Voters can get around that law only if they have “declared allegiance to the political party in whose primary the voter seeks to vote and (stated) that the voter intends to affiliate with that party.” If party election officials are convinced, voters can cast a ballot. Otherwise, those voters cast a rejected ballot that party leaders decide later whether to count.

Leading House Democrat Craig Fitzhugh says Democrats didn’t have a candidate to vote for in the Rhea County race. But no voter should stand accused of so-called “crossover voting” without evidence, he said.

“I just think that’s carrying that party tag a little too far,” he said, adding he was OK with Dayton Mayor Bob Vincent’s wife Maxine trying to switch from Democrat to Republican to presumably vote against incumbent Rep. Jim Cobb, of Spring City, who is running against Dayton businessman Ron Travis.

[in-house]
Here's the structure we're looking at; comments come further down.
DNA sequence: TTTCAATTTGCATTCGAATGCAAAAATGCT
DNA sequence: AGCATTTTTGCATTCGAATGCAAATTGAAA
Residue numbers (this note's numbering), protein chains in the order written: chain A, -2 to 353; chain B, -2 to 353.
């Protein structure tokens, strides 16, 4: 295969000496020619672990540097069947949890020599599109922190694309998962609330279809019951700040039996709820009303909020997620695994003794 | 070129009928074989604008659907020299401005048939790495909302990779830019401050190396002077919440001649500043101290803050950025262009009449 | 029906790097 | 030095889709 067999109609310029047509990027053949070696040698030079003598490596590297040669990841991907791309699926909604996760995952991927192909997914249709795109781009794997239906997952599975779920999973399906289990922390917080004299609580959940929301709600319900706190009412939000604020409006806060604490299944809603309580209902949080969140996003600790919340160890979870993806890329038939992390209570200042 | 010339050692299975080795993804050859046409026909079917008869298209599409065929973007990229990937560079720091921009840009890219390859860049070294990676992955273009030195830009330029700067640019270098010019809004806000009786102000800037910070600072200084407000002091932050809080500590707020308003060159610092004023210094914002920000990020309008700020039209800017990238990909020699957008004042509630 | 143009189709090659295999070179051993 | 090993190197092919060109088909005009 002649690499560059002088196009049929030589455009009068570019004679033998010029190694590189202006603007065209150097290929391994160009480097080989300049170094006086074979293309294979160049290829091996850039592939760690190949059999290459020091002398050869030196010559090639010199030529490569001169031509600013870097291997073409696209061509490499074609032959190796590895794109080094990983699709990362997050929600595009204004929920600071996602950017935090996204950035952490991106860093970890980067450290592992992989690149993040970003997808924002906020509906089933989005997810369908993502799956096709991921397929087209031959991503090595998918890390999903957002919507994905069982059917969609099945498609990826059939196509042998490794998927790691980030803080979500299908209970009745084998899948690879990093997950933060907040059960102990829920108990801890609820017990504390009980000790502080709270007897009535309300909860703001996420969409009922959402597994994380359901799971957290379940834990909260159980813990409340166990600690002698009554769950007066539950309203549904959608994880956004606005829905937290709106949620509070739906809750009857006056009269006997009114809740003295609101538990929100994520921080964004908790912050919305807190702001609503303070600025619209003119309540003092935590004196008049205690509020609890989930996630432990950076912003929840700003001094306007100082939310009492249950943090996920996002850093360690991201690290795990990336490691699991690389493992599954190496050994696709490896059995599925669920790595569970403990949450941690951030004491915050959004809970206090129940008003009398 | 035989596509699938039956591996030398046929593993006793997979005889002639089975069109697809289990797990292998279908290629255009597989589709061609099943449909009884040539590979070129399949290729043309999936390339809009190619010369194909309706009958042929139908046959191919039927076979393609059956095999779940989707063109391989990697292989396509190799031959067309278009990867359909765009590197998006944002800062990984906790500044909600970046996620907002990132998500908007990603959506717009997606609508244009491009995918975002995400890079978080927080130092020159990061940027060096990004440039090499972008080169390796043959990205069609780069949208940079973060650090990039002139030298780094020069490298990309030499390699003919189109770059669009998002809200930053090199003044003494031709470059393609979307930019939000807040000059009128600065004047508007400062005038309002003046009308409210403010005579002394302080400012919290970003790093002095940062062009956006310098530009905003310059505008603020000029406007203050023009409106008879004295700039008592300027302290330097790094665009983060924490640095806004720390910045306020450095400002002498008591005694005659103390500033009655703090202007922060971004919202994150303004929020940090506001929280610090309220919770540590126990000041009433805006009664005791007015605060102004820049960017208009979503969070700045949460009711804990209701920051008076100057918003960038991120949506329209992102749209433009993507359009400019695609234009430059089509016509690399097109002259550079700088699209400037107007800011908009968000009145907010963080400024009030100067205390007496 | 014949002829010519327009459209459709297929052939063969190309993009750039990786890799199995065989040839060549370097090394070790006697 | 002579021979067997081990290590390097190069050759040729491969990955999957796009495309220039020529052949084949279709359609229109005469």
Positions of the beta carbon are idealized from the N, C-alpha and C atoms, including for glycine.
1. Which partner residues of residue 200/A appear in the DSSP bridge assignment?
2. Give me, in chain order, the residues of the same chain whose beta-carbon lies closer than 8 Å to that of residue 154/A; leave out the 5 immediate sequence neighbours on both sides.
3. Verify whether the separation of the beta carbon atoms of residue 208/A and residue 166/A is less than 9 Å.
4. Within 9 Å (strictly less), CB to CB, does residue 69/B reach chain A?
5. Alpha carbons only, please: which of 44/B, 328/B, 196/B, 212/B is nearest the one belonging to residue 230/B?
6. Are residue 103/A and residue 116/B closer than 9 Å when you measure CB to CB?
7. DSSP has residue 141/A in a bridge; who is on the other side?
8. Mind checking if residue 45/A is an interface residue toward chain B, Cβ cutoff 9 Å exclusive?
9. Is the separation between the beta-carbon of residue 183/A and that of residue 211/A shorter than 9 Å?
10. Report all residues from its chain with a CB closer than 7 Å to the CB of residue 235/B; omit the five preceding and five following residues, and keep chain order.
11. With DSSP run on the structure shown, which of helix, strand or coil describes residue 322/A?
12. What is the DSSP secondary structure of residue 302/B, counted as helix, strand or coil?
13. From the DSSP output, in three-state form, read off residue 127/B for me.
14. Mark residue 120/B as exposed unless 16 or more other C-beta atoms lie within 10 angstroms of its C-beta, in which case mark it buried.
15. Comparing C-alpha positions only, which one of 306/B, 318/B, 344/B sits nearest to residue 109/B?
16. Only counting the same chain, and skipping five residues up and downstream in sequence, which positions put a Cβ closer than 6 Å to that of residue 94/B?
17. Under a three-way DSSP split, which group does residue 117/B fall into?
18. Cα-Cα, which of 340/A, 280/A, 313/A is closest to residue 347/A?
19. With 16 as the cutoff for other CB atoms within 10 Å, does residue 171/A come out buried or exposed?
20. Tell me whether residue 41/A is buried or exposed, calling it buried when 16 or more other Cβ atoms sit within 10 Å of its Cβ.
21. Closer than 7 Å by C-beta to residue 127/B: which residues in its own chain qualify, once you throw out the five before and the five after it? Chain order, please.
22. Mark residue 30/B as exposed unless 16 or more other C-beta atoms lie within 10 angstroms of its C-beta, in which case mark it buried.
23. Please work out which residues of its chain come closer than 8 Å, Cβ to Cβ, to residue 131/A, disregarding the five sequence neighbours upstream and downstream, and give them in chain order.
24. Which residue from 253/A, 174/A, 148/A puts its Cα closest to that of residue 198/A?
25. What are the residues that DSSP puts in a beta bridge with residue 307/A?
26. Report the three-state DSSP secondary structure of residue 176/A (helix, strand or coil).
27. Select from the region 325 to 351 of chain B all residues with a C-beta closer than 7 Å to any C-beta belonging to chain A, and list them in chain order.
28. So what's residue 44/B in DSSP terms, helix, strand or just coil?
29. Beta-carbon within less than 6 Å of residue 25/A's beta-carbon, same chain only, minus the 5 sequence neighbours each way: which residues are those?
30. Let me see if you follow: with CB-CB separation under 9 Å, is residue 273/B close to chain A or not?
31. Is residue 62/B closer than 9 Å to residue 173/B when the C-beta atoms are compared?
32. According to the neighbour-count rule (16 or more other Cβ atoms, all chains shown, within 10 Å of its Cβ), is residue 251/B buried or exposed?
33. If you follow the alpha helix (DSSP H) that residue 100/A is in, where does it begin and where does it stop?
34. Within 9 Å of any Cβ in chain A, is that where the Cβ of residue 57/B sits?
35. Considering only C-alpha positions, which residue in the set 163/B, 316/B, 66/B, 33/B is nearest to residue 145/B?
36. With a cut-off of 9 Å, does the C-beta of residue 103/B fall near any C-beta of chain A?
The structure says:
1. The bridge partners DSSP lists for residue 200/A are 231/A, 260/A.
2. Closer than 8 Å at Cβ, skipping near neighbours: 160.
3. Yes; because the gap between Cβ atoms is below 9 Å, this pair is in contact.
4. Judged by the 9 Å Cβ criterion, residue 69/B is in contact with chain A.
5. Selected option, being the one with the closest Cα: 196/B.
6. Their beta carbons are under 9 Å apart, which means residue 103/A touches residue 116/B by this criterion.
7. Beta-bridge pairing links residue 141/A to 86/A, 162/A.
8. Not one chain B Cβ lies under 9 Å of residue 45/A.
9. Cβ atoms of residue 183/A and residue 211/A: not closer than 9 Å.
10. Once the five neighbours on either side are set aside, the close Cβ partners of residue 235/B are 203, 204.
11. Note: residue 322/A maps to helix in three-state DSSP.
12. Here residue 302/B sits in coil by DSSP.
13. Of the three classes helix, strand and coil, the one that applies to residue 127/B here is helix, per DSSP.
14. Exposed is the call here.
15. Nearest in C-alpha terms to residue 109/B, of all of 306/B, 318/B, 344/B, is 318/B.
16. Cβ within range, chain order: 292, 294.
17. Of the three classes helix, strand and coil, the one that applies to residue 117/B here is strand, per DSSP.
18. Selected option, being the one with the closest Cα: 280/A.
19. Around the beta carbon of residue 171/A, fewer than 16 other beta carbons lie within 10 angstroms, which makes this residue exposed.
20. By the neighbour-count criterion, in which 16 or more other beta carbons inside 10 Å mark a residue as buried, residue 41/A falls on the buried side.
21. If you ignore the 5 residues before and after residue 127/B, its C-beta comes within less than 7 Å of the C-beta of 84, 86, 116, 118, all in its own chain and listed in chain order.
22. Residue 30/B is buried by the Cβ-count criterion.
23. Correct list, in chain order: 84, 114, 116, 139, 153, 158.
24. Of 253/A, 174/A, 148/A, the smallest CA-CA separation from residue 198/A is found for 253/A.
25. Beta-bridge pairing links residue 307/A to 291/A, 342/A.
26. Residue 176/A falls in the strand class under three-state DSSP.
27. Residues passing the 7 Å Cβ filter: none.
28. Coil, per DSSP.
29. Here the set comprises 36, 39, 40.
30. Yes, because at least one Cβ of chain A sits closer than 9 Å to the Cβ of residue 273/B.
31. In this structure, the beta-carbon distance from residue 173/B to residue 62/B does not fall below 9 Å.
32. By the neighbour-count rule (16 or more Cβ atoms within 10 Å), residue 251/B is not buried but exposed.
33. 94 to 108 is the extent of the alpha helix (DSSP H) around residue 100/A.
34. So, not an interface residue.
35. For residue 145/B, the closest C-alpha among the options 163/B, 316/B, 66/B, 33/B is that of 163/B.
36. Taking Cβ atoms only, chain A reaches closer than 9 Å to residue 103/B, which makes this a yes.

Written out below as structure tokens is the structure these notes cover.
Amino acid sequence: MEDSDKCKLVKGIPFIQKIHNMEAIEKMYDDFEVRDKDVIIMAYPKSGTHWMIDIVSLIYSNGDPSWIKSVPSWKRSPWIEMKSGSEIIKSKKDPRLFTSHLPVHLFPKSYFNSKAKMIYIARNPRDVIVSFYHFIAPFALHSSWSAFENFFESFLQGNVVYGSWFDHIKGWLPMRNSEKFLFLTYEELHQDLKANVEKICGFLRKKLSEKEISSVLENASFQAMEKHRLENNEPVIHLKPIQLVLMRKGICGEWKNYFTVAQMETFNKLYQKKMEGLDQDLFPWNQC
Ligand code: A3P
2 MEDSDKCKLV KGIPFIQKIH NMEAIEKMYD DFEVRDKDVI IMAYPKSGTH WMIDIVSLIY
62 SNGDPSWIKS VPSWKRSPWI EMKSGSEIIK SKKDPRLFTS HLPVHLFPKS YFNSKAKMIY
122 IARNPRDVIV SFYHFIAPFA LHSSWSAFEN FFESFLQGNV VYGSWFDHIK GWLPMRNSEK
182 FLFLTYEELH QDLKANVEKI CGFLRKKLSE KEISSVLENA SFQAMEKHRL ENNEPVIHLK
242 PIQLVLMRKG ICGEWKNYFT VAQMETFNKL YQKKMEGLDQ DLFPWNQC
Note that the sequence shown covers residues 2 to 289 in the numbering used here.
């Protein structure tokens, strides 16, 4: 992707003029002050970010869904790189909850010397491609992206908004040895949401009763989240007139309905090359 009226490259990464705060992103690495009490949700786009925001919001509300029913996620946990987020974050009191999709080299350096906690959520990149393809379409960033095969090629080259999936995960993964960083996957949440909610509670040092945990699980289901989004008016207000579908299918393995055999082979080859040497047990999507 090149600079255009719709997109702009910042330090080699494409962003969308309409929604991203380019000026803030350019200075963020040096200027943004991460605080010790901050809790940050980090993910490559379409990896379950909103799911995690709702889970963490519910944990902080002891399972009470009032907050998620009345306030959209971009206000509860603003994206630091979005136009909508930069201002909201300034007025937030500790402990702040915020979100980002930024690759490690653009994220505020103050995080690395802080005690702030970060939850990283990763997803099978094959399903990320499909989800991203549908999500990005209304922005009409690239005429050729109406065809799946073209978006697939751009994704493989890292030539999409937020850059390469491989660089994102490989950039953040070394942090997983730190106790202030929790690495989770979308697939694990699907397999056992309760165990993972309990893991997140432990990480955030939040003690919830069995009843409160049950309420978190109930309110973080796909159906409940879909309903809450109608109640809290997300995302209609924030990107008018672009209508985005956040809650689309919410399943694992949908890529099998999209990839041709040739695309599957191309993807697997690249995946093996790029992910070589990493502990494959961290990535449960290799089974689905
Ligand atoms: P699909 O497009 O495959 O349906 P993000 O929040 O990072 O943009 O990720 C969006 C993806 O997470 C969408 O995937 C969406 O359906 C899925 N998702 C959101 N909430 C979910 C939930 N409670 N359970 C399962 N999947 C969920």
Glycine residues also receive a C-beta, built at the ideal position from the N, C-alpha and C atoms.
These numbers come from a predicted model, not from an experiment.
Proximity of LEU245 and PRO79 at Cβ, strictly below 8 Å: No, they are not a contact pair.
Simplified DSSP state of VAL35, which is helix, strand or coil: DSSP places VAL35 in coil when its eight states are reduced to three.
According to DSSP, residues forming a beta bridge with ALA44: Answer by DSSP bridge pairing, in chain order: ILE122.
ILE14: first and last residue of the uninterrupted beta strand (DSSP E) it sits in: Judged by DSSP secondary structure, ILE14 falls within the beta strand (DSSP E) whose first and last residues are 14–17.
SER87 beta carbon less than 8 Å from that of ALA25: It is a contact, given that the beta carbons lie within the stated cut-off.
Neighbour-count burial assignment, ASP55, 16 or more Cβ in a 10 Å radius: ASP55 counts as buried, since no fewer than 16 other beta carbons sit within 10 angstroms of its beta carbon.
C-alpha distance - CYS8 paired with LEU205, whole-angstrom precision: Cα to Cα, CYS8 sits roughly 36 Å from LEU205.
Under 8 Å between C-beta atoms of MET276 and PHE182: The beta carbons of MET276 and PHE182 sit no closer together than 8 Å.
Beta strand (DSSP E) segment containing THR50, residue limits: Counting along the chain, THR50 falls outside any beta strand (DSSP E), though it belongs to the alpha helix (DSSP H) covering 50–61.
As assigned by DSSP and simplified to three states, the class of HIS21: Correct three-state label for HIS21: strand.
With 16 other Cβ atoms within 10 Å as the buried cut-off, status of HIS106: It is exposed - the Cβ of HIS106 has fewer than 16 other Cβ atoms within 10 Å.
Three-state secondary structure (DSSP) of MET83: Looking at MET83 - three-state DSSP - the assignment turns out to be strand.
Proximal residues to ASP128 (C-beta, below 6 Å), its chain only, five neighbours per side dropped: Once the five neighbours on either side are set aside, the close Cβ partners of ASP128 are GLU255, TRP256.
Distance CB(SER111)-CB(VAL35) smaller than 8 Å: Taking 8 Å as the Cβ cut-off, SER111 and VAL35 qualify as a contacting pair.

“I don’t think much of that at all. I think people cherish their vote a little more than that just to use it in that manner,” he said.

The Kurita Cure

That’s not what Democrats were saying a few years ago when the party’s State Primary Board chose to oust the people’s choice, an incumbent, in a state Senate race in favor of a hand-picked successor more to the party establishment’s liking.

If party officials believe a race was decided by voters who weren’t “bona fide” party faithful, the state party itself can decide to go with another candidate.

That’s what happened in 2008. Democrat Sen. Rosalind Kurita, who had earlier cast the key vote to name Republican Sen. Ron Ramsey as the Senate speaker, so infuriated the party brass that they gave her the boot in favor of the man she actually bested by a razor thin margin.